Delhi, officially the National Capital Territory of Delhi (NCT) that includes the Indian capital; is the second largest metropolis of India after Mumbai. With the population of 16.7 million in 2011, the city is the 2nd most populous metropolis in India and 8th most populous metropolis in the world. The NCT and its urban region has been given the special status of National Capital Region (NCR) under the Indian constitution's 69th amendment act of 1991. There are nearly 22.2 million residents in the greater NCR urban area, which includes the neighboring cities of Baghpat, Gurgaon, Sonepat, Faridabad, Ghaziabad, Noida and Greater Noida along with other smaller nearby towns.
Top 10 Delhi Attractions
1: The Red Fort (usually transcribed into English as Lal Qil'ah or Lal Qila) is a 17th century fort complex constructed by the Mughal emperor Shah Jahan in the walled city of Old Delhi (in present day Delhi, India) that served as the residence of the Mughal Emperors. It also served as the capital of the Mughals until 1857, when Mughal emperor Bahadur Shah Zafar was exiled by the British Indian government. It was designated a UNESCO World Heritage Site in 2007. The earlier Red Fort was built by Tomara king Anangpala, now known as the Qulb Mosque.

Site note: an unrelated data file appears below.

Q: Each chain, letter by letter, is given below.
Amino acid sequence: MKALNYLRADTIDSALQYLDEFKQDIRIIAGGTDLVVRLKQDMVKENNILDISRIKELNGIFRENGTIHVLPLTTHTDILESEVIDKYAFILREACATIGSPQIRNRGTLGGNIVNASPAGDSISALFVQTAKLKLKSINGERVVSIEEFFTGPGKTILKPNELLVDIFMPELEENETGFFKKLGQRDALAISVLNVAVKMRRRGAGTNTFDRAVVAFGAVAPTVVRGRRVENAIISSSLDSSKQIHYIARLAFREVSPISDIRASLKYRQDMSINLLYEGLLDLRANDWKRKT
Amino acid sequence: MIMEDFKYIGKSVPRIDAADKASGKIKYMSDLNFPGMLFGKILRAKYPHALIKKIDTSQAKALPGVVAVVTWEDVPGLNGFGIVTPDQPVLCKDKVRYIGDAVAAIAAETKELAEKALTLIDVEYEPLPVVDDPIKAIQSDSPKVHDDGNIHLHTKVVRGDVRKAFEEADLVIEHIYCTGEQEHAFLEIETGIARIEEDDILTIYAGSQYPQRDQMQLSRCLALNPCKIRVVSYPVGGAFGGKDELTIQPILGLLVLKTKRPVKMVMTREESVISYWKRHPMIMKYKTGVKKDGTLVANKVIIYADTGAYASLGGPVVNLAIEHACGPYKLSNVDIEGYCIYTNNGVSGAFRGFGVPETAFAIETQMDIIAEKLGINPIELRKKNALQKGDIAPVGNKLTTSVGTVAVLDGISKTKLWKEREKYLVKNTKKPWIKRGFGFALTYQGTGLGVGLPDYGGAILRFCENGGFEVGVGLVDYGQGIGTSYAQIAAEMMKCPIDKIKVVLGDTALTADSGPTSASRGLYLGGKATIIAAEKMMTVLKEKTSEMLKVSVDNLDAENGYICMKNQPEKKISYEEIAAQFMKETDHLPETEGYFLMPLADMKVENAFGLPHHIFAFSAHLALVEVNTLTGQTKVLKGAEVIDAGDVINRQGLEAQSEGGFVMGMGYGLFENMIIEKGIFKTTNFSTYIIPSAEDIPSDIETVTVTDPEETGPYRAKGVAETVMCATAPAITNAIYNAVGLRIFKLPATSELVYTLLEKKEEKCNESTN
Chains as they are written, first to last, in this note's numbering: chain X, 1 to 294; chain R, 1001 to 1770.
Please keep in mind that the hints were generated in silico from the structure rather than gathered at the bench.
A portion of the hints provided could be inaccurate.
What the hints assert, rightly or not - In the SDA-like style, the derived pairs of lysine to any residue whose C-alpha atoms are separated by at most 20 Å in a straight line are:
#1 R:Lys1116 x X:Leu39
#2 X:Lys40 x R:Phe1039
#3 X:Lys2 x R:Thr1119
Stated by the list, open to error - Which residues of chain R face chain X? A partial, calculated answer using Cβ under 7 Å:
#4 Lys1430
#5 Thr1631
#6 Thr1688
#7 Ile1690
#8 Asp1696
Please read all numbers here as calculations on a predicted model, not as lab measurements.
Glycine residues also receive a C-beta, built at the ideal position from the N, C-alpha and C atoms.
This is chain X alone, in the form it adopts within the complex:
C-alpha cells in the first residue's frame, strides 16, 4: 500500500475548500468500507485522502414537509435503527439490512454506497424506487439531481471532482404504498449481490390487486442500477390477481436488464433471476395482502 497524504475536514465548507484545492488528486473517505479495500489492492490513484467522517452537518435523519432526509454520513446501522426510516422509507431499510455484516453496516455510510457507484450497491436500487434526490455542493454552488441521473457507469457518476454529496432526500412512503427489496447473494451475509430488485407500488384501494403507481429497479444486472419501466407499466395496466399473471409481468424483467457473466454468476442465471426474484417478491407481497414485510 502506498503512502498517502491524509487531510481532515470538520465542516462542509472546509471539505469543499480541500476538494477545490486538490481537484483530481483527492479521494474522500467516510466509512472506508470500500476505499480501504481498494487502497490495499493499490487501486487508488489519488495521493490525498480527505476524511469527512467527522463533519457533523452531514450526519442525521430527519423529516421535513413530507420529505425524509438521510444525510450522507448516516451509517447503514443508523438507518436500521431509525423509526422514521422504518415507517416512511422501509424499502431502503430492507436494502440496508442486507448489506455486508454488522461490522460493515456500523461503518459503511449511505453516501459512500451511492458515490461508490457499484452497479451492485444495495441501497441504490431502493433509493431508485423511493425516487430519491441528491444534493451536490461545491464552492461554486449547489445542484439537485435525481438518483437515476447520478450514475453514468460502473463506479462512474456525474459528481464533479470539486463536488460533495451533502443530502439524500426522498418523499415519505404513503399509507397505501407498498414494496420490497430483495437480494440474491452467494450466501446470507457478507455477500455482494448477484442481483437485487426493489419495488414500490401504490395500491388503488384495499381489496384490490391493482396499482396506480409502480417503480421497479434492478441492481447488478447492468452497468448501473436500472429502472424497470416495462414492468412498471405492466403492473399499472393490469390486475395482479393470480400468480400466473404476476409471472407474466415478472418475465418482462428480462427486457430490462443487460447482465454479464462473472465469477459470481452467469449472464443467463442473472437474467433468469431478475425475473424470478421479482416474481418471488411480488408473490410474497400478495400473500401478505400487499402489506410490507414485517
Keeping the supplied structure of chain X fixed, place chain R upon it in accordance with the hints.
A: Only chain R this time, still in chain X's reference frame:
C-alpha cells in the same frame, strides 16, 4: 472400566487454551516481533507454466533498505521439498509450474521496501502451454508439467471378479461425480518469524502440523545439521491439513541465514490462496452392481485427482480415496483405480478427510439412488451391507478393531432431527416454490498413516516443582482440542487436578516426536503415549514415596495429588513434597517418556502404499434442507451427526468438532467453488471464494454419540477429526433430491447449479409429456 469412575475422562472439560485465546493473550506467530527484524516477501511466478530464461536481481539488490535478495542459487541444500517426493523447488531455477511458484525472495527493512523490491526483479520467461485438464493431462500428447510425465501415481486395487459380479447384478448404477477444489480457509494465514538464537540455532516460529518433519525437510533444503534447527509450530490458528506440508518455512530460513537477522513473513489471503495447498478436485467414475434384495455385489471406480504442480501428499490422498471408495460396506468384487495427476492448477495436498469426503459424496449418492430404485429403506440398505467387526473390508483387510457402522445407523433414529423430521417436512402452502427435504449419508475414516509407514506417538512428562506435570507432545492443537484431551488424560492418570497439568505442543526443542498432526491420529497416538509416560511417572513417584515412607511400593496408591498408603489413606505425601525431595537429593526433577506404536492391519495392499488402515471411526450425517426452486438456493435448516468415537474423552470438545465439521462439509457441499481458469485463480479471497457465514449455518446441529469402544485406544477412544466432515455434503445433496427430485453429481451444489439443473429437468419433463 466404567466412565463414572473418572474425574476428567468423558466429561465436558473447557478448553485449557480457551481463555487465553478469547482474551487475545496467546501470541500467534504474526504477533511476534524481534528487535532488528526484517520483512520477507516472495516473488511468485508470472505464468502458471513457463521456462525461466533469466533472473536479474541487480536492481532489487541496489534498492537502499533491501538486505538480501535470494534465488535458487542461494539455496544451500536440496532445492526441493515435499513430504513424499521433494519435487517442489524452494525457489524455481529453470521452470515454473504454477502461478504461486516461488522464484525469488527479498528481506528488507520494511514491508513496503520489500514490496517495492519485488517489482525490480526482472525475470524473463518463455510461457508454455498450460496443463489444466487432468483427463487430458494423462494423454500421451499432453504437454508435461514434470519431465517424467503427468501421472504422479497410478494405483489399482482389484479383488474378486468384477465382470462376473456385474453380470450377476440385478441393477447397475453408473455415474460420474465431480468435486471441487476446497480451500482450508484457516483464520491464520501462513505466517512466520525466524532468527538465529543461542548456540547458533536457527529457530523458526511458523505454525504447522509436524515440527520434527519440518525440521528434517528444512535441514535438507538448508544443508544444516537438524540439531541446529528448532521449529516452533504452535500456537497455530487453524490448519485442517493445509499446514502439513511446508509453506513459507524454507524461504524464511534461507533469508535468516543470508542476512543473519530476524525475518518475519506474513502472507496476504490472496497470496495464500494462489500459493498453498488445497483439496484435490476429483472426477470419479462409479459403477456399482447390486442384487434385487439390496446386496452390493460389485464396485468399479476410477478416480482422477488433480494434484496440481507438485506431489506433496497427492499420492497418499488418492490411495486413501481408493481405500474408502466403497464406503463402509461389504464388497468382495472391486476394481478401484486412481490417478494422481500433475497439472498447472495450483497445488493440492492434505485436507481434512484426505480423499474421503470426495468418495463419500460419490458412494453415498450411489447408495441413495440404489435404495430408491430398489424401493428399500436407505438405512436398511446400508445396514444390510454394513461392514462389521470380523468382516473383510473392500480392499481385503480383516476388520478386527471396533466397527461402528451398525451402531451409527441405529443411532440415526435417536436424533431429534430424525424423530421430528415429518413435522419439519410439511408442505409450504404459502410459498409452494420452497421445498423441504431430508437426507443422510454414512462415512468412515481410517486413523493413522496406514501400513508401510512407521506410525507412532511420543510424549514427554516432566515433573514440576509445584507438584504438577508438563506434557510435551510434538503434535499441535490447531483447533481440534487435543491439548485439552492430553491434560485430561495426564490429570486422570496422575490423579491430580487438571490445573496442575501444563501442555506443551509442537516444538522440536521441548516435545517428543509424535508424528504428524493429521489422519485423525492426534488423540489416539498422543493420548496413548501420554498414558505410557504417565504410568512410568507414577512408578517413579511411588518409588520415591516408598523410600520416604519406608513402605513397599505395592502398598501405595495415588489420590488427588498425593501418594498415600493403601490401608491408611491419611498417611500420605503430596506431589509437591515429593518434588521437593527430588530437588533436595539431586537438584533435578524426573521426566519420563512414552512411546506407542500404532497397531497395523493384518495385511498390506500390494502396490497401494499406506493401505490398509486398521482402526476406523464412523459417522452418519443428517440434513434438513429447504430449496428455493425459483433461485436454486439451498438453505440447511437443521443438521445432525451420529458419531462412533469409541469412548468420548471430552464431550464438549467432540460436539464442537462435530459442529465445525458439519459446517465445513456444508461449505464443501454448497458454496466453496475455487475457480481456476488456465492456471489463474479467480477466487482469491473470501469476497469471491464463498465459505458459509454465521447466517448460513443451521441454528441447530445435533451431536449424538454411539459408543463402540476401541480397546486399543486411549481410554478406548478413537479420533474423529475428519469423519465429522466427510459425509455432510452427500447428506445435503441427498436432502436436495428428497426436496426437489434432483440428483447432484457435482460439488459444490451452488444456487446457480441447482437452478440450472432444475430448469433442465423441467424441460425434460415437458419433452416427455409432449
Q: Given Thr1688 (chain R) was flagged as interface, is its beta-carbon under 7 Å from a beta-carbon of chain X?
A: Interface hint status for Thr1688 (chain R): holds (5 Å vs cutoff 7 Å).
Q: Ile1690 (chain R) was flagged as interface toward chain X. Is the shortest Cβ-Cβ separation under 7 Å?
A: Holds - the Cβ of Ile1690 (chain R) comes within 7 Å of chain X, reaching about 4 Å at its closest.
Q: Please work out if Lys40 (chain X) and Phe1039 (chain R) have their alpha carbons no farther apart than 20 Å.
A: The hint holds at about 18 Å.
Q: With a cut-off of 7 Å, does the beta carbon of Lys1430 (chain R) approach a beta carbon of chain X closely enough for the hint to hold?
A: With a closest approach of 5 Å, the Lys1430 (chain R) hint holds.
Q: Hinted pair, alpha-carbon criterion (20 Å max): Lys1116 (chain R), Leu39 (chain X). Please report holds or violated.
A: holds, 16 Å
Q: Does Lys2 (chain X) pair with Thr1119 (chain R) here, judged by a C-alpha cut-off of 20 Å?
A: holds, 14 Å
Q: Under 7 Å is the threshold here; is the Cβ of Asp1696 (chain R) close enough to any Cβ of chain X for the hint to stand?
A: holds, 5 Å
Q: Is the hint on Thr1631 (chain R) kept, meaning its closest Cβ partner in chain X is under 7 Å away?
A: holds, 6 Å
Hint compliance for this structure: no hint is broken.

The Red Fort was the palace for Mughal Emperor Shah Jahan's new capital, Shahjahanabad, the seventh city in the Delhi site. He moved his capital here from Agra in a move designed to bring prestige to his reign, and to provide ample opportunity to apply his ambitious building schemes and interests. The fort lies along the Yamuna River, which fed the moats that surround most of the wall. The wall at its north-eastern corner is adjacent to an older fort, the Salimgarh Fort, a defence built by Islam Shah Suri in 1546. The construction of the Red Fort began in 1638 and was completed by 1648. The Red Fort has had many developments added on after its construction by Emperor Shah Jahan. The significant phases of development were under Aurangzeb and later under later Mughal rulers.
2: Jama Masjid:The Masjid-i, commonly known as the Jama Masjid of Delhi, is the principal mosque of Old Delhi in India. Commissioned by the Mughal Emperor Shah Jahan, builder of the Taj Mahal,in the year 1650 CE and completed in the year 1656 AD, it is the largest and best-known mosque in India. It lies at the origin of a very busy central street of Old Delhi, the Chawri Bazar Road.